US20060150719A1 - Method for determining tribological properties of a sample surface using a scanning microscope (sem) and associated scanning microscope - Google Patents

Method for determining tribological properties of a sample surface using a scanning microscope (sem) and associated scanning microscope Download PDF

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US20060150719A1
US20060150719A1 US10/524,729 US52472905A US2006150719A1 US 20060150719 A1 US20060150719 A1 US 20060150719A1 US 52472905 A US52472905 A US 52472905A US 2006150719 A1 US2006150719 A1 US 2006150719A1
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sample surface
cantilever
excitation
measuring tip
method according
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US7360404B2 (en
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Michael Reinstadtler
Ute Rabe
Walter Arnold
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Fraunhofer Gesellschaft zur Forderung der Angewandten Forschung eV
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Fraunhofer Gesellschaft zur Forderung der Angewandten Forschung eV
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Priority to PCT/EP2003/009054 priority patent/WO2004018963A2/en
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    • GPHYSICS
    • G01MEASURING; TESTING
    • G01QSCANNING-PROBE TECHNIQUES OR APPARATUS; APPLICATIONS OF SCANNING-PROBE TECHNIQUES, e.g. SCANNING PROBE MICROSCOPY [SPM]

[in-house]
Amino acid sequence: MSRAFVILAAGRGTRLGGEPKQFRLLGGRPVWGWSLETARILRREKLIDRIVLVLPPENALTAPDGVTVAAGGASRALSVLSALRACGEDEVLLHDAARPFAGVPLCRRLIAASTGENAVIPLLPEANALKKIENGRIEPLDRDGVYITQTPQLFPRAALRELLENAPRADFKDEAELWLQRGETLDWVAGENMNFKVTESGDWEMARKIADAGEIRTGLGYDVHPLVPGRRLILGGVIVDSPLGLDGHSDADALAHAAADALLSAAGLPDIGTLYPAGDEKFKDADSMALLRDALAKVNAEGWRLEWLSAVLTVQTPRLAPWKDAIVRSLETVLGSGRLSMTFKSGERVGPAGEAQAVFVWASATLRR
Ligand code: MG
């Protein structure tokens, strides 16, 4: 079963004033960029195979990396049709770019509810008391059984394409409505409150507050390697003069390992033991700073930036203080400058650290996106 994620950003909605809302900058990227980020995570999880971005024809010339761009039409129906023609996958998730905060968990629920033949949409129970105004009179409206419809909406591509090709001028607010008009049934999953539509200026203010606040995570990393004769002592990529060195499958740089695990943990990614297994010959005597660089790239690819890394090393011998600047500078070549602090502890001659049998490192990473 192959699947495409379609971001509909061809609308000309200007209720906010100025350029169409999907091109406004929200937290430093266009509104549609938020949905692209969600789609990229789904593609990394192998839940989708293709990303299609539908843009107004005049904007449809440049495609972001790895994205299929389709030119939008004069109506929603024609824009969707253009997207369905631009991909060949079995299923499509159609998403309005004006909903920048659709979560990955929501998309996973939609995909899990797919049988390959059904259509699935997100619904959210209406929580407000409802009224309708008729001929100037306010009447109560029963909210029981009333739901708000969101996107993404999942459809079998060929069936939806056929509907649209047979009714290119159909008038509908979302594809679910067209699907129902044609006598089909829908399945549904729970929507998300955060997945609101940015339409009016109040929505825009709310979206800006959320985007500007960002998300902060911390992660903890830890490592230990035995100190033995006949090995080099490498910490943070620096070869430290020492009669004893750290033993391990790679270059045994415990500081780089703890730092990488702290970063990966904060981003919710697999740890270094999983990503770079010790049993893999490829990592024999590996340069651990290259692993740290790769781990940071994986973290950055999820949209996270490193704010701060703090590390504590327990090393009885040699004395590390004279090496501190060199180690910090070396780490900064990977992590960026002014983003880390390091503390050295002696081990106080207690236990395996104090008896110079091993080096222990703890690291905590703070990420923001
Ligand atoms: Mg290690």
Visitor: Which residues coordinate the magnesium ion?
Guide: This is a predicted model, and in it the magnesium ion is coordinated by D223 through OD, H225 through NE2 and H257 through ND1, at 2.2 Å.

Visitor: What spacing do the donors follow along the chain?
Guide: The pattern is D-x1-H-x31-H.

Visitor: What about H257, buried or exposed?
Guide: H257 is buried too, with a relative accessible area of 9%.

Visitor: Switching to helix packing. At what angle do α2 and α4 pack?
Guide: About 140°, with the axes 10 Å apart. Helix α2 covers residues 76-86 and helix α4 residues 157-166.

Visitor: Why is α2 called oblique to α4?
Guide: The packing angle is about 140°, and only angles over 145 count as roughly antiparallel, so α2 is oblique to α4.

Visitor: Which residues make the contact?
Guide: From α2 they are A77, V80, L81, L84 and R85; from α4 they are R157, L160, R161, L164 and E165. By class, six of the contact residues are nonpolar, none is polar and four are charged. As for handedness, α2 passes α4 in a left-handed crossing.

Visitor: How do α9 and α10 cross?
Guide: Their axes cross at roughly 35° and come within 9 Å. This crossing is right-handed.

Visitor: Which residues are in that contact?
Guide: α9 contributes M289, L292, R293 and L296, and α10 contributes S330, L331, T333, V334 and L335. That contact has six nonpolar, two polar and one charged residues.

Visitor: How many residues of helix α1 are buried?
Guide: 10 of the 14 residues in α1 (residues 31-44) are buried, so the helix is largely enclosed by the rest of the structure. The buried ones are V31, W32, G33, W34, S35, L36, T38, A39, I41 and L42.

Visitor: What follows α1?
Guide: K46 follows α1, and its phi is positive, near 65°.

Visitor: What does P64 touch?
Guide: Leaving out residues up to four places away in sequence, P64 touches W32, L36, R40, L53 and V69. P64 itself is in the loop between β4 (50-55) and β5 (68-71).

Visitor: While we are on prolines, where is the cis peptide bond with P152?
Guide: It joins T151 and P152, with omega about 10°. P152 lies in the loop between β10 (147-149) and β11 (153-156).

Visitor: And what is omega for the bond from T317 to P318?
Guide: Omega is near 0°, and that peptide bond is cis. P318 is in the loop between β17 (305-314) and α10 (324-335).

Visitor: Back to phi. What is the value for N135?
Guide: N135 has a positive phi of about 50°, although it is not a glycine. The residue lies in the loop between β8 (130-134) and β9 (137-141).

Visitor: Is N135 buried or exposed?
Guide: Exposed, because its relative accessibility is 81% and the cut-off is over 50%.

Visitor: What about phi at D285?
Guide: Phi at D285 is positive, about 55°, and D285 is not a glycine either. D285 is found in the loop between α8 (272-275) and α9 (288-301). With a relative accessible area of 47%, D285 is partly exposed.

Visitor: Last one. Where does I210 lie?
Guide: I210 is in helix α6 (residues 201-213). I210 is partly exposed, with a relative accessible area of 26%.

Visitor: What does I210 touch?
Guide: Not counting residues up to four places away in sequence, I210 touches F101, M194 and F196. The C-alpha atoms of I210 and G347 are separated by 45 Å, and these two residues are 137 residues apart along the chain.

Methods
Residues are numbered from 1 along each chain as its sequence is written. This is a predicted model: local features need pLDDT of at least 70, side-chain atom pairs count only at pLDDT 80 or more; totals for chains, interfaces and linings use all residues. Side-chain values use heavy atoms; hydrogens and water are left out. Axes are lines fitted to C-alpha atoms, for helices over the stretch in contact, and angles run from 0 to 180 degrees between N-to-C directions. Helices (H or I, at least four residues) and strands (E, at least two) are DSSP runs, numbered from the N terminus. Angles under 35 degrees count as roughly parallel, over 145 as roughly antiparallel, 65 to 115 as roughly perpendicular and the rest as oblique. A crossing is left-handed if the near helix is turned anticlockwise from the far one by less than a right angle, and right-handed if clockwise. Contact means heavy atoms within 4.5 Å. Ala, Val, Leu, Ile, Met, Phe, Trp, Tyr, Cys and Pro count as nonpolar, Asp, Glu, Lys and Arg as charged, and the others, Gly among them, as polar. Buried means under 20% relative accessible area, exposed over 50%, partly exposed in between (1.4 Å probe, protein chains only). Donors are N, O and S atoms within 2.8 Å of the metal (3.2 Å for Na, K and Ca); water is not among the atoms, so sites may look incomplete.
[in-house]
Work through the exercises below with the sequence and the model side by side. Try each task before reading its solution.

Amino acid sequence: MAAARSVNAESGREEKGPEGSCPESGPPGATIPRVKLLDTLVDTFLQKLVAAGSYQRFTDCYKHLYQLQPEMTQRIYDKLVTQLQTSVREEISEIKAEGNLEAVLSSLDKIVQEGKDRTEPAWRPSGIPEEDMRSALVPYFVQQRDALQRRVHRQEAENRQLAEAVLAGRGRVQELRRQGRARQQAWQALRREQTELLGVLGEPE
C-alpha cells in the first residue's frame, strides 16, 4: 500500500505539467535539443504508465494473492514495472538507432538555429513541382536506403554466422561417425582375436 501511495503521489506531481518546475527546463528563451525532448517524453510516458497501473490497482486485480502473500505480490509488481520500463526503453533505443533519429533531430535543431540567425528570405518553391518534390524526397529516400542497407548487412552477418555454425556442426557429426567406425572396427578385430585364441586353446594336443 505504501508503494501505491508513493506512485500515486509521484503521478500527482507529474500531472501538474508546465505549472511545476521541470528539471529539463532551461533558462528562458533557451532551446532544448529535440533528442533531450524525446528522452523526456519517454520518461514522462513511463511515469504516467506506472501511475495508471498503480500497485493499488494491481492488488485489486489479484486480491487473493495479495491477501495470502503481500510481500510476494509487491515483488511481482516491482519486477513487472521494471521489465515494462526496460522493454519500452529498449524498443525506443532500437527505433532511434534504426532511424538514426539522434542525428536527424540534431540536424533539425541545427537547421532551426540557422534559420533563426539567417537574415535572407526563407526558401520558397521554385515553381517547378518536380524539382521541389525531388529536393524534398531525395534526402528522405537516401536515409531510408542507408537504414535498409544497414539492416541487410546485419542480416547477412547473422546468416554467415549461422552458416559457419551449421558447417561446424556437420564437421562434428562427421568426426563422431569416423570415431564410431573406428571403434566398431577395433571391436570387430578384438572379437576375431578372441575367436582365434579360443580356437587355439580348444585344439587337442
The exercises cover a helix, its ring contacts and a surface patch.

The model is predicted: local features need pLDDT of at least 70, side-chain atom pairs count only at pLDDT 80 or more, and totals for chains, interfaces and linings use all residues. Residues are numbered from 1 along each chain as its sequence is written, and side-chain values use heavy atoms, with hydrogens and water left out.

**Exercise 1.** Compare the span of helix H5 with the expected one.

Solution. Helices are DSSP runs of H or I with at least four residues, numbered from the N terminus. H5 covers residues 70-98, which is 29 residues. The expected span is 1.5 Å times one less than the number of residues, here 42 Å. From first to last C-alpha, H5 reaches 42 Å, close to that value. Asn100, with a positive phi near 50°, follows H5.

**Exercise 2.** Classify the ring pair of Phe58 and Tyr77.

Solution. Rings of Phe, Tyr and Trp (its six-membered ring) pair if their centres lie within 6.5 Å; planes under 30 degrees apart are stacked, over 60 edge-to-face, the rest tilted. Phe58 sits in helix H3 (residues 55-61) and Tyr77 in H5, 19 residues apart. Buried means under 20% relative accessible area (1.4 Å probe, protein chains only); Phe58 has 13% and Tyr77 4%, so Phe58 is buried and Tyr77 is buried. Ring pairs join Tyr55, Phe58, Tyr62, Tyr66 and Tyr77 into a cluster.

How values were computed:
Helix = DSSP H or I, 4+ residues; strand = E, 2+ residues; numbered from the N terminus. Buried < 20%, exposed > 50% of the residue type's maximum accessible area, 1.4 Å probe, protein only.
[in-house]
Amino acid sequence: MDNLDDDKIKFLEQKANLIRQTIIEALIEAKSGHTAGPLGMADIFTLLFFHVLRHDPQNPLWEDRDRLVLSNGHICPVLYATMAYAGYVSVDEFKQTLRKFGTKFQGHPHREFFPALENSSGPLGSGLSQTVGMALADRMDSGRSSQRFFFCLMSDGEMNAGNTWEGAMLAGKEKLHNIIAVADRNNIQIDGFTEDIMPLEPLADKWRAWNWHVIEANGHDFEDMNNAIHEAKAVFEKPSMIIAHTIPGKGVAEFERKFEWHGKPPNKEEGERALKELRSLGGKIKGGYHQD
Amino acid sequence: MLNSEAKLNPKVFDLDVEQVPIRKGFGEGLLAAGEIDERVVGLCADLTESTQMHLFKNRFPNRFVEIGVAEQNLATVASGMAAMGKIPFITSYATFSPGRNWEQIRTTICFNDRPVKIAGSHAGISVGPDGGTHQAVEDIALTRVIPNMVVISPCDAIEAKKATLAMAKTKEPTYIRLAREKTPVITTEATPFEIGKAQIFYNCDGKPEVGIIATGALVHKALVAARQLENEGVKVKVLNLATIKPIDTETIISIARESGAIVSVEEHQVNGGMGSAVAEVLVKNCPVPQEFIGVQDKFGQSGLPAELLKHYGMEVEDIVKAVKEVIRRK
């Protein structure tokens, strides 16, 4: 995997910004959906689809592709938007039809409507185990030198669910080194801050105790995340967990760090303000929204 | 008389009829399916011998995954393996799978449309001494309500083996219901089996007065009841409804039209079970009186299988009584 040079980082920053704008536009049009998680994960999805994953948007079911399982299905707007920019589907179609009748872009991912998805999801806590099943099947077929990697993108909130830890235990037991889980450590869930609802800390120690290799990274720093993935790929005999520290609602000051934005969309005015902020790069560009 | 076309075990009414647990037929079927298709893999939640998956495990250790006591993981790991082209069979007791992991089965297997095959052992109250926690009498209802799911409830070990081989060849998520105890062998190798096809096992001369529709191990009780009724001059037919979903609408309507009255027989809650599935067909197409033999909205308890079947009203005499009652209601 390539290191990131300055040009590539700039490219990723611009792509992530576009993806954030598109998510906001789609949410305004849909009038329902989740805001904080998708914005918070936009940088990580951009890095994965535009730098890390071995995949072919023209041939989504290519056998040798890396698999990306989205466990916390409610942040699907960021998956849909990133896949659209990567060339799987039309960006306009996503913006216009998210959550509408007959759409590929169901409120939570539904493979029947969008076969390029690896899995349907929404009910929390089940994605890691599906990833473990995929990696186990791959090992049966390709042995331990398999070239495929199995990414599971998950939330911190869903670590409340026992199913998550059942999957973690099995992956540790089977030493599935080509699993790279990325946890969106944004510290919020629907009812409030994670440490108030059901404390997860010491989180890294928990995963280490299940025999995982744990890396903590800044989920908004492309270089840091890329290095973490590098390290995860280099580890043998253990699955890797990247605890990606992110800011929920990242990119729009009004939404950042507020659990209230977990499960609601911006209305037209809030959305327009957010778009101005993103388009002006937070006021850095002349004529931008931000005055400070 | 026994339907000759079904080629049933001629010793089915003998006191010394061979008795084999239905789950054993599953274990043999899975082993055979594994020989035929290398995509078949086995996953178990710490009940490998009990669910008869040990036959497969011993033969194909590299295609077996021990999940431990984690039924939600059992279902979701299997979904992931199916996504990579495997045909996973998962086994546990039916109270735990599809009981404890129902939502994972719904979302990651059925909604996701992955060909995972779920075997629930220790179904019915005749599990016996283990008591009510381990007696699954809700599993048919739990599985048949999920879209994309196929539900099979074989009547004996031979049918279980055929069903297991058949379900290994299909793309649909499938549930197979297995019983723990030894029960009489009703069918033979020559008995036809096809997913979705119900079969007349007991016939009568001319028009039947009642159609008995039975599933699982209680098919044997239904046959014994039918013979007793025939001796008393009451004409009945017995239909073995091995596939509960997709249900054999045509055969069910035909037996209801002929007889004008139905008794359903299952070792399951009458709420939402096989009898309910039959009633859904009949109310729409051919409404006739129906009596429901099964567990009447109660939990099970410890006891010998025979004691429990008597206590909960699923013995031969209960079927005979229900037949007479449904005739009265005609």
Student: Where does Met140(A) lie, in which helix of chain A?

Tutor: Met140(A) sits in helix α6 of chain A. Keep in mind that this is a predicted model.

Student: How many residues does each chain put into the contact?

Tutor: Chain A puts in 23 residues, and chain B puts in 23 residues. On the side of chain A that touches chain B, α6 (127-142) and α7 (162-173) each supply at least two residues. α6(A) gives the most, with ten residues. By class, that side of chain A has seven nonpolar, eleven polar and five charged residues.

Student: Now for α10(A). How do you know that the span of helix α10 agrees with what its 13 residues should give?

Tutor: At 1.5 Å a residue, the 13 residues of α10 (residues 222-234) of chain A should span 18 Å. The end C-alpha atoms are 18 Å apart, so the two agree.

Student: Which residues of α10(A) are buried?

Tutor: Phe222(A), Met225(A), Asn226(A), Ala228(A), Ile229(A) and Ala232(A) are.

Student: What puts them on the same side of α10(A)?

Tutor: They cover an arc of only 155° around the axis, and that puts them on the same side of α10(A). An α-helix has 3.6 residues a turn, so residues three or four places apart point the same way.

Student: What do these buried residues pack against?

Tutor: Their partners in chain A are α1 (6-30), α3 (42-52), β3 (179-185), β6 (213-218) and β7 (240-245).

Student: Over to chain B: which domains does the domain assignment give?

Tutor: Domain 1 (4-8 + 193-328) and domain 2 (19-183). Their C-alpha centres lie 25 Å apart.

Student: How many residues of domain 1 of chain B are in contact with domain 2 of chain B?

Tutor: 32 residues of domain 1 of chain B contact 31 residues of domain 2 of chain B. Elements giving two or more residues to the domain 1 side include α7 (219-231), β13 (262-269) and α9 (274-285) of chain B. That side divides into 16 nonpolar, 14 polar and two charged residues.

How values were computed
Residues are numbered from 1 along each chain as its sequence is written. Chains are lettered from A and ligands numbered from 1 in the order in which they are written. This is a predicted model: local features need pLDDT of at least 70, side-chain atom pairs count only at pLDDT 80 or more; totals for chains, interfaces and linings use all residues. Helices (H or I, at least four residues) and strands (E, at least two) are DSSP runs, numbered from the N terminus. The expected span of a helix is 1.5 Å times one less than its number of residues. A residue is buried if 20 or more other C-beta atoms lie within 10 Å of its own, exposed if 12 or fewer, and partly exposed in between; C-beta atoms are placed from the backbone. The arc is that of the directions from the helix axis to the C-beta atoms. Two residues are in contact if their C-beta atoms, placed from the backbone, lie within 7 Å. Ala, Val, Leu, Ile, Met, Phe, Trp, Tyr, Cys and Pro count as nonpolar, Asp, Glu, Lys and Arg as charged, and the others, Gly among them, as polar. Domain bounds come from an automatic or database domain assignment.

• G01Q60/00Particular types of SPM [Scanning Probe Microscopy] or microscopes; Essential components thereof
    • G01Q60/24AFM [Atomic Force Microscopy] or apparatus therefor, e.g. AFM probes
    • G01Q60/28Adhesion force microscopy
    • GPHYSICS
    • G01MEASURING; TESTING
    • G01HMEASUREMENT OF MECHANICAL VIBRATIONS OR ULTRASONIC, SONIC OR INFRASONIC WAVES
    • G01H3/00Measuring characteristics of vibrations by using a detector in a fluid
    • GPHYSICS
    • G01MEASURING; TESTING
    • G01NINVESTIGATING OR ANALYSING MATERIALS BY DETERMINING THEIR CHEMICAL OR PHYSICAL PROPERTIES
    • G01N29/00Investigating or analysing materials by the use of ultrasonic, sonic or infrasonic waves; Visualisation of the interior of objects by transmitting ultrasonic or sonic waves through the object
    • G01N29/22Details, e.g. general constructional or apparatus details
    • GPHYSICS
    • G01MEASURING; TESTING
    • G01NINVESTIGATING OR ANALYSING MATERIALS BY DETERMINING THEIR CHEMICAL OR PHYSICAL PROPERTIES
    • G01N29/00Investigating or analysing materials by the use of ultrasonic, sonic or infrasonic waves; Visualisation of the interior of objects by transmitting ultrasonic or sonic waves through the object
    • G01N29/34Generating the ultrasonic, sonic or infrasonic waves, e.g. electronic circuits specially adapted therefor
    • G01N29/346Generating the ultrasonic, sonic or infrasonic waves, e.g. electronic circuits specially adapted therefor with amplitude characteristics, e.g. modulated signal
    • GPHYSICS
    • G01MEASURING; TESTING
    • G01QSCANNING-PROBE TECHNIQUES OR APPARATUS; APPLICATIONS OF SCANNING-PROBE TECHNIQUES, e.g. SCANNING PROBE MICROSCOPY [SPM]
    • G01Q60/00Particular types of SPM [Scanning Probe Microscopy] or microscopes; Essential components thereof
    • G01Q60/24AFM [Atomic Force Microscopy] or apparatus therefor, e.g. AFM probes
    • G01Q60/26Friction force microscopy
    • GPHYSICS
    • G01MEASURING; TESTING
    • G01NINVESTIGATING OR ANALYSING MATERIALS BY DETERMINING THEIR CHEMICAL OR PHYSICAL PROPERTIES
    • G01N2291/00Indexing codes associated with group G01N29/00
    • G01N2291/02Indexing codes associated with the analysed material
    • G01N2291/028Material parameters
    • G01N2291/02827Elastic parameters, strength or force
    • GPHYSICS